- Movie ratings. On drives to camping trips, some vehicles used to transport Scouts may be equipped with VHS/DVD players. In addition, on certain troop activities where accommodations with electricity are provided, VHS/DVD players may be made available for use by the troop. Because of the availability of these media devices where Scouts may be allowed to view movies on an outing or a troop meeting, the Troop Committee has adopted certain rules with respect to what movies can be viewed by Scouts in a Troop 451 activity. Basically, these rules provide that no movies with an NC-17, R, or X rating can be shown at any time. Movies with a G or PG rating can be shown at any time. Movies with a PG-13 rating can only be shown when all participants are age 13 or above, or when advance notice has been given to parents. If any parent of a participant under the age of 13 objects to the showing of a particular movie rated PG-13, the movie will not be shown.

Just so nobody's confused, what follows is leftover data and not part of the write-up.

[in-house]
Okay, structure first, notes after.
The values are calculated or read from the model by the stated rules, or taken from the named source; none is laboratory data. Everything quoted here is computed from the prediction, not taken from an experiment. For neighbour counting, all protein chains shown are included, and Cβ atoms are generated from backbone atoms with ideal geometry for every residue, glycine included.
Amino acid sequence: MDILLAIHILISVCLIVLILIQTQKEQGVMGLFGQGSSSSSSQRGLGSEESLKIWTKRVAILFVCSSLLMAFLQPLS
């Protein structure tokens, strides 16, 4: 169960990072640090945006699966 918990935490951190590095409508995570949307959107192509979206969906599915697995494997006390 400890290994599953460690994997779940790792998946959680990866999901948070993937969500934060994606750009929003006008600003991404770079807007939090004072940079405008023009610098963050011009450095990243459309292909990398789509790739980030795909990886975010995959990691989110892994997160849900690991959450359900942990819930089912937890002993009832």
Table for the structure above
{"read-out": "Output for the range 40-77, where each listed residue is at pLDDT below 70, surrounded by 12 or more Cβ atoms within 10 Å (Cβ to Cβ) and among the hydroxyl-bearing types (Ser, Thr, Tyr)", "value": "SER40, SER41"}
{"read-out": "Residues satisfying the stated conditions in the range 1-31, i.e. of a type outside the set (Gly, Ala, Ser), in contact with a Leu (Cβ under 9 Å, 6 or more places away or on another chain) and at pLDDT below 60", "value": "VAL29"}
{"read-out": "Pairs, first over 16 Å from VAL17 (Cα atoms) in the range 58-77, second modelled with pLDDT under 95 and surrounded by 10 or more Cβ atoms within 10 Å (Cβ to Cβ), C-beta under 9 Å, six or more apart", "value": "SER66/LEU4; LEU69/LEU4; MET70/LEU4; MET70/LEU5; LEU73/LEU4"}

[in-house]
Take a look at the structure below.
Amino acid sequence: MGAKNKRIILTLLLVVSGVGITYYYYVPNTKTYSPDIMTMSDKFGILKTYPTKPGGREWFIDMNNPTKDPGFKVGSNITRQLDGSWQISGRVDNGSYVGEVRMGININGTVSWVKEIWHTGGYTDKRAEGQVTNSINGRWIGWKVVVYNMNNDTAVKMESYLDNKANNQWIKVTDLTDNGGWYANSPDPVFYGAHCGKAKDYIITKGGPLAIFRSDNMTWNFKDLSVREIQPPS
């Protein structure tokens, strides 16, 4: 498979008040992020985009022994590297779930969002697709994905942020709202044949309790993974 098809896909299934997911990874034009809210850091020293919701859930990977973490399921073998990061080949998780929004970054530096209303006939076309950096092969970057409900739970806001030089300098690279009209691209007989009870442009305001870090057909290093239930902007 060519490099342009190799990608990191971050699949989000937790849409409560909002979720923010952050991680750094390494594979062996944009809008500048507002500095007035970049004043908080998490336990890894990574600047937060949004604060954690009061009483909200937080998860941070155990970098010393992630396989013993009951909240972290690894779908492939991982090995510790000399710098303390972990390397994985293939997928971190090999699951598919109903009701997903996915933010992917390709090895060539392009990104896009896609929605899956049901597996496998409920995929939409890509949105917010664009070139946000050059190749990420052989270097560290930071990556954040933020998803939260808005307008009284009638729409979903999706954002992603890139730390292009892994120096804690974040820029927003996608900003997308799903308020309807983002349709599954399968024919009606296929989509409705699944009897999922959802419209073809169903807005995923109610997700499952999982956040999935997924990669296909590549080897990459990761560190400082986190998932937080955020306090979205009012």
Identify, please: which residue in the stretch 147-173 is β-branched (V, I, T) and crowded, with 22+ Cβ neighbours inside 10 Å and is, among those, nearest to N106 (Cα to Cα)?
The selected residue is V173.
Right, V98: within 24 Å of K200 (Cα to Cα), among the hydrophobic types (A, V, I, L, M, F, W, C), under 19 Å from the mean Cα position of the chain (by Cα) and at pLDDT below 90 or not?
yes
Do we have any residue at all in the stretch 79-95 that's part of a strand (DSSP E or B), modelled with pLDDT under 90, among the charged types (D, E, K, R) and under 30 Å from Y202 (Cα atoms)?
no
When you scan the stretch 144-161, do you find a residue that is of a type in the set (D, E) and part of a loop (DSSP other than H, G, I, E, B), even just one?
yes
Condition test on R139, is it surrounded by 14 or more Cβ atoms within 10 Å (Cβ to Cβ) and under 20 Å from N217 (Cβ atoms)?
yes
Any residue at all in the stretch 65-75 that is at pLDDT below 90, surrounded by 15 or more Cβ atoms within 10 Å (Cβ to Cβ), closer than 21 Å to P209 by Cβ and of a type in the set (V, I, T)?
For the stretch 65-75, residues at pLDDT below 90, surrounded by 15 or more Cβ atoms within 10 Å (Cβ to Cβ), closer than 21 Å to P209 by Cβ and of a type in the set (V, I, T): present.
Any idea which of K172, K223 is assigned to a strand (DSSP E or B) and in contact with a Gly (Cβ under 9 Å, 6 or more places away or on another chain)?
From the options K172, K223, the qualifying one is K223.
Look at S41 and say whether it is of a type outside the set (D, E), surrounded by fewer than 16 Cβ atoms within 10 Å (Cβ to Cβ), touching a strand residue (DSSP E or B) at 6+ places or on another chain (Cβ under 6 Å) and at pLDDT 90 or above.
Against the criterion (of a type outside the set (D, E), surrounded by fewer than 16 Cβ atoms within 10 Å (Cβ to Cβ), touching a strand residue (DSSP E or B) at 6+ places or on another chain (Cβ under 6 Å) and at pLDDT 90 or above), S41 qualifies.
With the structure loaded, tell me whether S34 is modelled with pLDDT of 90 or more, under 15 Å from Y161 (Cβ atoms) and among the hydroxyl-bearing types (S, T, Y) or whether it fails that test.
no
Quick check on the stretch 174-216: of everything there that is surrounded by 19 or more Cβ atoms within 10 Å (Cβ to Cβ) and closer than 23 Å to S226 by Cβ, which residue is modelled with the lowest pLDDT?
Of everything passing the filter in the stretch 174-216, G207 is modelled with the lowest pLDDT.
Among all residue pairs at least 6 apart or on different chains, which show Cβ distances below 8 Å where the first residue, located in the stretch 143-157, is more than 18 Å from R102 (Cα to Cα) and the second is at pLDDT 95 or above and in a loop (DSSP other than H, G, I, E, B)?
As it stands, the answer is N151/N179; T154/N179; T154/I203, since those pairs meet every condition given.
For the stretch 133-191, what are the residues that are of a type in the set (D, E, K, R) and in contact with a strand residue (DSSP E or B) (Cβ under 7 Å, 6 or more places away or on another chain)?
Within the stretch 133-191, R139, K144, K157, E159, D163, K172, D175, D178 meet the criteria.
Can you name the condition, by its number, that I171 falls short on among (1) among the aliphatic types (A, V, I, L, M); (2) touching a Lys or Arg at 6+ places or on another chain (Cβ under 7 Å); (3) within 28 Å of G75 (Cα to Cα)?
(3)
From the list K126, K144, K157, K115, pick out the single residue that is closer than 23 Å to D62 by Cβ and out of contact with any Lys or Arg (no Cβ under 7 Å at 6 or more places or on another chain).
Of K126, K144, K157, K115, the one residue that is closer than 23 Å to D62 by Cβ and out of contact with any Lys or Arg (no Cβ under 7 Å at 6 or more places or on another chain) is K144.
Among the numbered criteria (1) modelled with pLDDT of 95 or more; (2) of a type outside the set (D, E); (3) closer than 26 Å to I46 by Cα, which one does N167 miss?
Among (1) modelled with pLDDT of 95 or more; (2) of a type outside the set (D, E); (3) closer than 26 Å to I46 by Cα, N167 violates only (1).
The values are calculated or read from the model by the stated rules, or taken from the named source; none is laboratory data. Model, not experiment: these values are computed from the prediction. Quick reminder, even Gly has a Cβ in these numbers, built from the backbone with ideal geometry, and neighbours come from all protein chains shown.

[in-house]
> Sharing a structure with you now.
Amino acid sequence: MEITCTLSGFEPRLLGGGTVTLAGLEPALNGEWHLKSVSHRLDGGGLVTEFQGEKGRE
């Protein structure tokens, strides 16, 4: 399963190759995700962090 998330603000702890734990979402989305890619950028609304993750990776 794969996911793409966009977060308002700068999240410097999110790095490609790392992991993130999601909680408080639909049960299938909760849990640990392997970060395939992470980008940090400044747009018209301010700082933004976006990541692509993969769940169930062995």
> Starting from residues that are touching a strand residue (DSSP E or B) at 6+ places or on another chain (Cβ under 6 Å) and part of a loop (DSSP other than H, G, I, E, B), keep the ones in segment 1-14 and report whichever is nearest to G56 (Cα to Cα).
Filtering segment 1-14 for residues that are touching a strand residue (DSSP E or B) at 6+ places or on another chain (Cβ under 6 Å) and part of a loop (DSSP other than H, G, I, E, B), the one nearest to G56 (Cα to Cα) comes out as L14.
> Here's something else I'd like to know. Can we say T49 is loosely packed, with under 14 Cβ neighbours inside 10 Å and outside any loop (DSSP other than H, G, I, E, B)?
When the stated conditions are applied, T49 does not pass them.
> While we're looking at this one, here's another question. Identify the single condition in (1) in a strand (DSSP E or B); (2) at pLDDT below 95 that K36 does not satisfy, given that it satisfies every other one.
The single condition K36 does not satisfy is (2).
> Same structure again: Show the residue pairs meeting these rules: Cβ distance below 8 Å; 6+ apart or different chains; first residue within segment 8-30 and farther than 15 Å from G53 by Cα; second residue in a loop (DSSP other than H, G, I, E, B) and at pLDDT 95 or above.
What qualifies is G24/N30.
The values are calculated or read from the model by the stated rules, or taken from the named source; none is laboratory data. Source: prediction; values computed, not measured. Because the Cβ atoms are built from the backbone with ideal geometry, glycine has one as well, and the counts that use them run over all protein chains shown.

In addition to setting the above policies, Scouting takes these following steps to insure the safety of youth members:
- Background checks. Personal references are provided by applicants and checked by unit leaders. A criminal background check is performed on all applicants for adult volunteer positions. Also, BSA maintains a list of former leaders who have been deemed ineligible for Scouting leadership positions.
- Adult training. Youth Protection Training is an essential part of the basic leader training provided to Scouting volunteers. It is conducted annually or more often at the local level (i.e., in Durham County), and is also available as an online course.
- Youth education. Scouting has age-appropriate educational materials for youth members. “How to Protect Your Children from Child Abuse: A Parent’s Guide” is a tear-out booklet bound in with BSA youth books. It is designed for parents or guardians and young people to use together. The BSA has bilingual, age-appropriate videos for all youth age groups to address the problems of sexual abuse. “It Happened to Me” should be used annually by Cub Scout packs or dens, but only for Cub Scouts accompanied by a parent or other adult family member. The video for Boy Scouts, “A Time to Tell”, introduces the three R’s of Youth Protection (Recognize, Resist, and Report), and should be viewed by troops annually. “Personal Safety Awareness” is the video for Venturing-age young people.